Watch 3

The goal was to create a smooth gradient on the model while keeping the background the same color as in the last images. For this, a bare bulb lamp with a 20 degree grid was used. The camera app lets me control the lights seamlessly, the experience not being too different from a real camera. The app allows me to control features like modeling light, intensity, modeling light temperature (on B10 and B10 + lamps)

Watch 4

Using the camera app on site was another story. With only a handful of things to pack, the versatility of the app was pretty fantastic. I had to take an A10 starter kit (available in certain areas only), which came with a small softbox, a grille, as well as an OCF adapter for the A10 flash. I threw the kit on a light stand and shot in automatic mode setting the light to soft. It allowed me to not worry about the camera settings and focus on shooting.

At first there was little understanding among the crew as to when the photo was taken as there was a series of pre-flashes. However, the app didn’t miss the mark and got all the photos exactly as I imagined. This leads me to believe that the app is intended for smaller lighting setups, such as a single softbox or a key with an infill.

General tests

One feature that interested me was the ability to control how dramatic the light is. This can be done in Smart-TTL mode by simply changing the slider. This is a great feature that has worked surprisingly well. Usually it would have to move their light or change the modifier, but the camera app takes multiple exposures by combining them into one large one.

One drawback for potential users would be shooting moving objects in smart mode. To work, smart mode must perform a series of flashes and exposures, which requires the subject to be more or less still.

Speaking of Profoto RAW format, there are no options to edit images in the app. While speed is of the essence, there is seldom time to process raw files. There are more options with DNG files than Profoto Camera captures, but they’re nothing fancy. While editing, I found that although there is more leeway, it’s not like with other raw files, like CR2.

A gateway drug to portrait lighting

Profoto may be ahead of its time with the Camera app, as many photographers may be puzzled as to exactly why it exists in the first place. However, the app allows for much faster image capture and social media posting, which traditional cameras cannot.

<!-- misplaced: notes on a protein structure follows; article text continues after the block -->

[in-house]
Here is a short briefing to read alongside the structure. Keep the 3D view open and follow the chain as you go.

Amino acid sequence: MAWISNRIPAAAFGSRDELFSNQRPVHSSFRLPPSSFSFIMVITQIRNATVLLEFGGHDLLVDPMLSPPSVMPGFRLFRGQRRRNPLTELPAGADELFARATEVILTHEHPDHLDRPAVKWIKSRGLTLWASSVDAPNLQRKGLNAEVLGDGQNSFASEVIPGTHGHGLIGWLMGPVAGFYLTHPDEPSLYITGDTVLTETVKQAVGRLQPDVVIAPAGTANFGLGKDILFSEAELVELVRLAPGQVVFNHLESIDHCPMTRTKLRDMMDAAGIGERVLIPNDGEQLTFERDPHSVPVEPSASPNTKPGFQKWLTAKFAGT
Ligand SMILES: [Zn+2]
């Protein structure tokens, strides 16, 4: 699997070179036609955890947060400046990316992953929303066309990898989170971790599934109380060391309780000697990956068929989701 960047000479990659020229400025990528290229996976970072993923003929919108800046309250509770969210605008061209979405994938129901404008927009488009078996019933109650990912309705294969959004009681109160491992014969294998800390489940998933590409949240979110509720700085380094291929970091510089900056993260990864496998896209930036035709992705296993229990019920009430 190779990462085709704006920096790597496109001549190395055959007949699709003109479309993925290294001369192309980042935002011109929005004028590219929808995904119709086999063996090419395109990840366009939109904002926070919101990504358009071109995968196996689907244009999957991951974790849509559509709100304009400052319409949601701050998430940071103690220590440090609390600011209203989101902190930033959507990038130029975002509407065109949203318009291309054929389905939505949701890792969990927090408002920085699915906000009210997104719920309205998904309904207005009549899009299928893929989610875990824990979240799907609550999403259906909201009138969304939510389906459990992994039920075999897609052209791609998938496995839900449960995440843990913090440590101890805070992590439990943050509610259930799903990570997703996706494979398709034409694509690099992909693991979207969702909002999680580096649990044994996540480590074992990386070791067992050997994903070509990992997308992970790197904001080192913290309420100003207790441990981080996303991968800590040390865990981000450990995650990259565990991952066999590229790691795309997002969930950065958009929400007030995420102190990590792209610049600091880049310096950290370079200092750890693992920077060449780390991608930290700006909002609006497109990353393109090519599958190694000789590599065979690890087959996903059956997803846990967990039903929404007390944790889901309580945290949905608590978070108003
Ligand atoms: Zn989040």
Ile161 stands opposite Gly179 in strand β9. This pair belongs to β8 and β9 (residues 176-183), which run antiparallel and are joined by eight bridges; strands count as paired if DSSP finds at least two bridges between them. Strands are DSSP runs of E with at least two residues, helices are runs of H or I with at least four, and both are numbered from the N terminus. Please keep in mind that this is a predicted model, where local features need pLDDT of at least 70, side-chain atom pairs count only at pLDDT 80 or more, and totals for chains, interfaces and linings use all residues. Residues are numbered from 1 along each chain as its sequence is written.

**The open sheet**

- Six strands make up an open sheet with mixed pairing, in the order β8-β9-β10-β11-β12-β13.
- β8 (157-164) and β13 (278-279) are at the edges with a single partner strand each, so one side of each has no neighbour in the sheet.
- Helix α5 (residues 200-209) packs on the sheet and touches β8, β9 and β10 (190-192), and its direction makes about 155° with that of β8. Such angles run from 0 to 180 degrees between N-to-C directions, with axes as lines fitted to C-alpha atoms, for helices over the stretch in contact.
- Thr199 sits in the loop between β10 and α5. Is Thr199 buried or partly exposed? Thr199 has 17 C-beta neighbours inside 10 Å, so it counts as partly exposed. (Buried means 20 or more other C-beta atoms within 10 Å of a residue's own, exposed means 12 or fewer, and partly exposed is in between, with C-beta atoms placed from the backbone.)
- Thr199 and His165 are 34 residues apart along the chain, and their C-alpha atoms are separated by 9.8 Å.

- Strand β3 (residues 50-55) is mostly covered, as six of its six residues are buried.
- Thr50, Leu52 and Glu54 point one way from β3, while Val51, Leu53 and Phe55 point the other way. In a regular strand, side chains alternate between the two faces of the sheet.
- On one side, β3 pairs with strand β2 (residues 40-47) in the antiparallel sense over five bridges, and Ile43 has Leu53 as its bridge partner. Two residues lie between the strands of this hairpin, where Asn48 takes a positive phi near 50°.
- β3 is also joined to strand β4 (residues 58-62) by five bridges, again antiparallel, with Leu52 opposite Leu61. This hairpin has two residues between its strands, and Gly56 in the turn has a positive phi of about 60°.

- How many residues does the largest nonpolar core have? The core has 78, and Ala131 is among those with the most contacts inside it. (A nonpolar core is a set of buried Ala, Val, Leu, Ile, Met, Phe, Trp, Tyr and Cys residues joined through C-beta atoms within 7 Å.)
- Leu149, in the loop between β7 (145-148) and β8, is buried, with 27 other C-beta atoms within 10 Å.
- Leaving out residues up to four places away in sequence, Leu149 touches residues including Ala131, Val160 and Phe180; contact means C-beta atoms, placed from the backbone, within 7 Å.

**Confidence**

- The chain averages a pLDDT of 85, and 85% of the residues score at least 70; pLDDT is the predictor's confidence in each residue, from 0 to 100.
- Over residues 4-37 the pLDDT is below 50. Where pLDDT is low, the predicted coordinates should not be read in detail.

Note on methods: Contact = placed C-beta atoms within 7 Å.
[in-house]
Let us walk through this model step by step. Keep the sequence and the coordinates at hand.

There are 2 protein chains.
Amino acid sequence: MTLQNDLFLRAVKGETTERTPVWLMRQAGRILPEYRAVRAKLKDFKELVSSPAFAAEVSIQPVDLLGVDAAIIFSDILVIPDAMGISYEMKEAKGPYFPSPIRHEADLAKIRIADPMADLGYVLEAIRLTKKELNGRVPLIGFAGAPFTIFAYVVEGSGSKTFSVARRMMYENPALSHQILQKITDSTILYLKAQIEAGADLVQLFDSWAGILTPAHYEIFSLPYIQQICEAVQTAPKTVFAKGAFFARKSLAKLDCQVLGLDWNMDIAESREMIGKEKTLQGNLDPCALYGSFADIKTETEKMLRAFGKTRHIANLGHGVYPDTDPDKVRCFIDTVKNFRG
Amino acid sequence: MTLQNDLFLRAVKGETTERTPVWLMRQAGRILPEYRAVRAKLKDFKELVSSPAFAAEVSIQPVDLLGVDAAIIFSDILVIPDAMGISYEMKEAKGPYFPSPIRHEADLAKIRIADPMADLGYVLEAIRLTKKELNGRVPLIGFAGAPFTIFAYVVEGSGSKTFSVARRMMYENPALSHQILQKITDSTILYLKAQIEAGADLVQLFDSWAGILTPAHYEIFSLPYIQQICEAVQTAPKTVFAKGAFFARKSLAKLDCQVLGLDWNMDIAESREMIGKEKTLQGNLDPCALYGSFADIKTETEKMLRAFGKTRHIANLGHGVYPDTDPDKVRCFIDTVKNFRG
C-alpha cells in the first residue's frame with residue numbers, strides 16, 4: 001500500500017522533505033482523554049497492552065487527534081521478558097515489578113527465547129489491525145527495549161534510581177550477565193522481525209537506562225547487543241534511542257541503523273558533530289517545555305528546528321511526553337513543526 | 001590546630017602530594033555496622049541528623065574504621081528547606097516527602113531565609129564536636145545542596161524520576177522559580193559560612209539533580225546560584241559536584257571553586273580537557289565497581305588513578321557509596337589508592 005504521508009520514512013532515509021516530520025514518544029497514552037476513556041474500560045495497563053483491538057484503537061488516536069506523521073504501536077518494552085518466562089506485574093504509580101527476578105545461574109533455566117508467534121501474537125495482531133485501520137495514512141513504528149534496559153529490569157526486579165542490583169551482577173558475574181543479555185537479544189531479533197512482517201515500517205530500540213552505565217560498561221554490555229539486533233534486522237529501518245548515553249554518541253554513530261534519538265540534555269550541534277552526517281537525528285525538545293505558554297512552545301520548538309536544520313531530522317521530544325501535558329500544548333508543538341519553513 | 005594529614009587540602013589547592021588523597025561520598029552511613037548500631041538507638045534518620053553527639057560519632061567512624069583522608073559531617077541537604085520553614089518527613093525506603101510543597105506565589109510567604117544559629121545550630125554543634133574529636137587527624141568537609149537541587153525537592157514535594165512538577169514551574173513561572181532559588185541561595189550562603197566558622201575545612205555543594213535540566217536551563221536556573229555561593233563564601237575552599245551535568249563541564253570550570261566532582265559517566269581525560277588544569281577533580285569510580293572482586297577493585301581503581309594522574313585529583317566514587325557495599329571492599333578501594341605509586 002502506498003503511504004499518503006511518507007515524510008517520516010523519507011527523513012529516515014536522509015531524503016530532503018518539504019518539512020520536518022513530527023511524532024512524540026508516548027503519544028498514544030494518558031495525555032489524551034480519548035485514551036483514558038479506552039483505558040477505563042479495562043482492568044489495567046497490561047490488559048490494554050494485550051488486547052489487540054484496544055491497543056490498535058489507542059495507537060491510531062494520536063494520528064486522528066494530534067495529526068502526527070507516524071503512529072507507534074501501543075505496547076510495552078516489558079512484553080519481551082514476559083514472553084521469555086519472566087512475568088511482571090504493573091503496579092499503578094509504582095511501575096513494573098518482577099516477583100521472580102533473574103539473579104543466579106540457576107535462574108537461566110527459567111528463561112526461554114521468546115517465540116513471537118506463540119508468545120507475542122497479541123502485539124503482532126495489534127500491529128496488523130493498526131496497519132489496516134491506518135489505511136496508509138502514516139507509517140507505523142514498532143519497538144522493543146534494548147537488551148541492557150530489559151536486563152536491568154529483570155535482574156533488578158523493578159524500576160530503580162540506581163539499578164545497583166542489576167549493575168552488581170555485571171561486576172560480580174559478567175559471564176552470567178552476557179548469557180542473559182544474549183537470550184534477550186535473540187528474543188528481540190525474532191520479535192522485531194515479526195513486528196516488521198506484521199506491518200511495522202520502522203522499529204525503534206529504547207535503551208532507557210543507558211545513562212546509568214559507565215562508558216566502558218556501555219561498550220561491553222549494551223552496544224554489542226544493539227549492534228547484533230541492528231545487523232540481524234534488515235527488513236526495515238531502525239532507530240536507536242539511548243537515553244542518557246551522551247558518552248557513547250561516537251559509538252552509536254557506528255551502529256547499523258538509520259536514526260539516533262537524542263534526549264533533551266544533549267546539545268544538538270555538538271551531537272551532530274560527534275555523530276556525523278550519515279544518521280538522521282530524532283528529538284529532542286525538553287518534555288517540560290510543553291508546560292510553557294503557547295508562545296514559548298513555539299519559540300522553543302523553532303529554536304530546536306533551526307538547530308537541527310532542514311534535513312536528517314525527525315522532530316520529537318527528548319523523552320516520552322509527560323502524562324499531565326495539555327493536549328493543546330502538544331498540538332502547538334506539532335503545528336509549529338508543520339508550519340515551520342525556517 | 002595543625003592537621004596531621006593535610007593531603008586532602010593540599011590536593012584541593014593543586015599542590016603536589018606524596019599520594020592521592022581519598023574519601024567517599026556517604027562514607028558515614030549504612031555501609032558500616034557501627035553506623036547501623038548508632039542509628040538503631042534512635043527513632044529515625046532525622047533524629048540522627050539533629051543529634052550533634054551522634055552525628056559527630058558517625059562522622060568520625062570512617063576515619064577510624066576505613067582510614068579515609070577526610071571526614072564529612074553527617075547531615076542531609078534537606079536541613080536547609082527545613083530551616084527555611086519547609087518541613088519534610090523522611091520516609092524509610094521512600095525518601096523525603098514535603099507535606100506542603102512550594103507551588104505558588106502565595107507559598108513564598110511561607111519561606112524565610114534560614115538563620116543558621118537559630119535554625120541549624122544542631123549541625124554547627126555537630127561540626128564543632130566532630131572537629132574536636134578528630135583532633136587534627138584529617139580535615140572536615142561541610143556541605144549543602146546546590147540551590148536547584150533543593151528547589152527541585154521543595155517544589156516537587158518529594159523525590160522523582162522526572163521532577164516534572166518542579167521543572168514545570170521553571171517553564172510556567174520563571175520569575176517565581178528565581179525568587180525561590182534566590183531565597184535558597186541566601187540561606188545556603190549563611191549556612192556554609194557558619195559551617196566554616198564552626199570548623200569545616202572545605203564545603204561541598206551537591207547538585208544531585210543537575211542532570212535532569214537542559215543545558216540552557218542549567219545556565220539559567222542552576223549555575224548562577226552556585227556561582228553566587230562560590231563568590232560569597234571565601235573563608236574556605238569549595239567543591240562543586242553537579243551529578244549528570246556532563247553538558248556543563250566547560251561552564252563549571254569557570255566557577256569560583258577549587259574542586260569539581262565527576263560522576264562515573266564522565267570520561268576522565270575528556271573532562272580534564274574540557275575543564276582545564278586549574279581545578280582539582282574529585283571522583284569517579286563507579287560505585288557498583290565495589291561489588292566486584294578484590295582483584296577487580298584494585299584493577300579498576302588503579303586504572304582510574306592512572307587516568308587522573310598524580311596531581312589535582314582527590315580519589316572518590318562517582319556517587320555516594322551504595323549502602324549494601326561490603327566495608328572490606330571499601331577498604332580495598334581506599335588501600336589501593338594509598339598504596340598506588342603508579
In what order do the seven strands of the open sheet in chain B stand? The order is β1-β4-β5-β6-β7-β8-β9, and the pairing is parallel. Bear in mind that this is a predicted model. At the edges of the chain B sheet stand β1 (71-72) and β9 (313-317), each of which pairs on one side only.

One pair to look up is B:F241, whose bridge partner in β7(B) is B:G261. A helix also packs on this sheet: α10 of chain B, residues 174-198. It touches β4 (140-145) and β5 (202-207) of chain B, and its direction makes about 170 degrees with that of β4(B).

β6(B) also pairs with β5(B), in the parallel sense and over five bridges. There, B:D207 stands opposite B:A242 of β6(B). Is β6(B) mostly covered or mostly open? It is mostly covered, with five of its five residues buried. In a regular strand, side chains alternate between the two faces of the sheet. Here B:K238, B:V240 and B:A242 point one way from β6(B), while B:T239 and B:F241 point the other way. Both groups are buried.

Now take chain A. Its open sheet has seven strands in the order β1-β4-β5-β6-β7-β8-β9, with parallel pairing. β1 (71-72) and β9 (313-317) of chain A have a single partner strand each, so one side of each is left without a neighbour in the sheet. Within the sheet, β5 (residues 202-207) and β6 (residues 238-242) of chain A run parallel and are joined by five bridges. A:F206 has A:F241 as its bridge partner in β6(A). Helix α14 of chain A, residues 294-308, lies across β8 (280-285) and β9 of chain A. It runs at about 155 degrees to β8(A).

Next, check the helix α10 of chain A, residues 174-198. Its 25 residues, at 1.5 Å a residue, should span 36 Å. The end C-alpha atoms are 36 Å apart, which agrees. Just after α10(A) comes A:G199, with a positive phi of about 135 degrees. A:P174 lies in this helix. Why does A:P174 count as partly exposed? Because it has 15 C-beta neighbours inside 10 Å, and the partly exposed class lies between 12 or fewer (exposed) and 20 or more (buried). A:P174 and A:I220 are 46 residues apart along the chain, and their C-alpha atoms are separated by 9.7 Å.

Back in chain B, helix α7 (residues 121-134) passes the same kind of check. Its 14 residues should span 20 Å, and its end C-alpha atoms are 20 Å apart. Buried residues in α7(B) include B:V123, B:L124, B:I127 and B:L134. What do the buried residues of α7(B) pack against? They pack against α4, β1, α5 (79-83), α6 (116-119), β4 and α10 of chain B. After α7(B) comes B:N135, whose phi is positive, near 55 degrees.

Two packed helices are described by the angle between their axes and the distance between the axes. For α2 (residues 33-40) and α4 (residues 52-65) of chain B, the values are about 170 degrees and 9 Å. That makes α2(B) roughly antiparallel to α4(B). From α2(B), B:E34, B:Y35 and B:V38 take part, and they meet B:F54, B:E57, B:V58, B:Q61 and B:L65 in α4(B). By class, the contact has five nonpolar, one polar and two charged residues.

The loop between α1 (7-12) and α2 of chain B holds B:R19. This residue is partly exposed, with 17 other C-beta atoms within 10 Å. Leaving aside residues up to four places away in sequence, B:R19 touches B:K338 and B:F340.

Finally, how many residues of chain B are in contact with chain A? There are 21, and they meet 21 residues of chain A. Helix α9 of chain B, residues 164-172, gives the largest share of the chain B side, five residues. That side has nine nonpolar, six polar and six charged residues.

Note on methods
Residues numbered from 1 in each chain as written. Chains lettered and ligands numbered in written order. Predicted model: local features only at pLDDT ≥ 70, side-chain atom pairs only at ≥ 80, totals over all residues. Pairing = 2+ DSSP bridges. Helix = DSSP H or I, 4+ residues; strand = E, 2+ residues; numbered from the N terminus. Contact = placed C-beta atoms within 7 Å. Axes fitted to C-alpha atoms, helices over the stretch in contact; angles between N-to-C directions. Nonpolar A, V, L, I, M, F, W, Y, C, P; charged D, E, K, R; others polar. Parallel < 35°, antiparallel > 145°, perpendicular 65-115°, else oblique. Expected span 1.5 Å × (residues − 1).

Those likely to gravitate to Profoto’s new camera app pool are photographers who aren’t new to shooting, but perhaps new to lighting. Many iPhone photographers could potentially benefit from the ability to use a familiar device with sophisticated lights.

When it comes to whether the Profoto Camera app should be used in large scale productions, I doubt it. I think phones will simply never achieve the quality that a good camera provides.

That said, I don’t think the Profoto Camera app competes with high-end cameras – that would be a silly fight to choose. The camera app simply offers a much more compact solution to enable capturing of images on the fly. I see event shooters are interested in this as well, as it would allow them to carry a lot less while still letting the camera mix flash and ambiance and expose the entire image.


  1. Fast results straight from your phone
  2. Light control in simple situations
  3. More control over lighting settings compared to the remote control
  4. Ability to photograph with any light shaping tool

The inconvenients

  1. No power adjustment on back of light unit display
  2. The names of the lights are not clear on the app. No possibility to assign groups
  3. No possibility to process DNG files in the application.
  4. Limited ability to work with fast moving subjects.

Should you use it?

Yes. A previous argument against iPhone photography was that syncing lights is not possible, but now with good light I’m more than happy to take my iPhone photography to the next level. A family portrait shoot or something of that nature is perfect for the Profoto Camera app. I’m drawing the line personally, but someone else might prefer to ditch their camera for the iPhone entirely given the functionality here.

Overall, the Profoto camera app is very useful, especially when capturing images on the fly is a priority.